Singapore often is a traveler’s introduction to Southeast Asia. It’s a good starting point for several reasons, including the cost of getting there. Round-trip airfare from LAX to Singapore’s Changi Airport can be found for as little as $550, according to Airfarewatchdog.com.
When you exit your plane at Changi, you’ll find a high-tech hub that was recently chosen the world’s best airport for the fifth year in a row in the annual Skytrax World Airports Awards.
Singapore has much to offer visitors, including futuristic architecture, excellent shopping in the boutiques of Orchard Road, and exotic elements in the temples of Little India, the shop houses of Chinatown and the city’s night markets.
“We have many diverse destinations within a short sailing distance, year-round warm weather and calm waters for cruising,” said Chee Pey Chang, assistant chief executive of the Singapore Tourism Board, adding that many visitor arrivals are from California.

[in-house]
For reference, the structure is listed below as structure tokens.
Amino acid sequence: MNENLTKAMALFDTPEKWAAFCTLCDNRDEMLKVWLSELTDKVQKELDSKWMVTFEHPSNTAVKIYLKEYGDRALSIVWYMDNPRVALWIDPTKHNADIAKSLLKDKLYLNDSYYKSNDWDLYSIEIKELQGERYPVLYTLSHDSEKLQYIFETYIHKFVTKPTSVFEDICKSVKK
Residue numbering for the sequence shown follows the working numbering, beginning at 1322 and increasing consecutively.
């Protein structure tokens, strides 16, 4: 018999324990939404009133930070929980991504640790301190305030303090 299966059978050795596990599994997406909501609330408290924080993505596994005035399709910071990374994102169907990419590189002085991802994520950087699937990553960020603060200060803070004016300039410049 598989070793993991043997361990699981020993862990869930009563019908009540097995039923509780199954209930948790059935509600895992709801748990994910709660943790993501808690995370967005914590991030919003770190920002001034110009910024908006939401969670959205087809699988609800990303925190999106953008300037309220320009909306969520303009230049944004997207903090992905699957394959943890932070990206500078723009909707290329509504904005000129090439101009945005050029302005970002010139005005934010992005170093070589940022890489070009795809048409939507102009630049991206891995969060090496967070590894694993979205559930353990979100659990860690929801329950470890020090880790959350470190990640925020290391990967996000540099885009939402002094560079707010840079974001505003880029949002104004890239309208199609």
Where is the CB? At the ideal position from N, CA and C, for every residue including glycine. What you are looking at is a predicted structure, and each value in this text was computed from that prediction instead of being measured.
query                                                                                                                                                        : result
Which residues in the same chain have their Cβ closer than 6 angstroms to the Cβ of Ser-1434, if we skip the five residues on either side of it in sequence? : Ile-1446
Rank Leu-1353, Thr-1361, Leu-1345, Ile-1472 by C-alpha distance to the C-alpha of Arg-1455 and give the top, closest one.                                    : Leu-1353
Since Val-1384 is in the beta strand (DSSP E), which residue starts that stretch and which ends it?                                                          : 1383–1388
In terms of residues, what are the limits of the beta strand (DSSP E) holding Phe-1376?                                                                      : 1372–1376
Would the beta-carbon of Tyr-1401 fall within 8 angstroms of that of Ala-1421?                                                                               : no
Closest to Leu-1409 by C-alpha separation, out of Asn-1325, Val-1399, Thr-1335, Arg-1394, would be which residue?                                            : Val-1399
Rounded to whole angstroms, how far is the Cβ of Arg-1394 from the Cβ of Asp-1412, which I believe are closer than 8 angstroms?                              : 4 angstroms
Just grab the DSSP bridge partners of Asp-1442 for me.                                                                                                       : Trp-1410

Kai Tak, Hong Kong’s other terminal, open since 2013, is farther from the downtown area, but it’s one of the world’s newest, most technologically advanced such facilities. Above it is the largest rooftop garden in Hong Kong.
It’s hard not to like Hong Kong’s diversity, architectural innovation, great shopping opportunities and cosmopolitan edginess. As is true in Singapore, English is also widely spoken in Hong Kong.
Round-trip airfare from LAX to Hong Kong International Airport starts at about $734.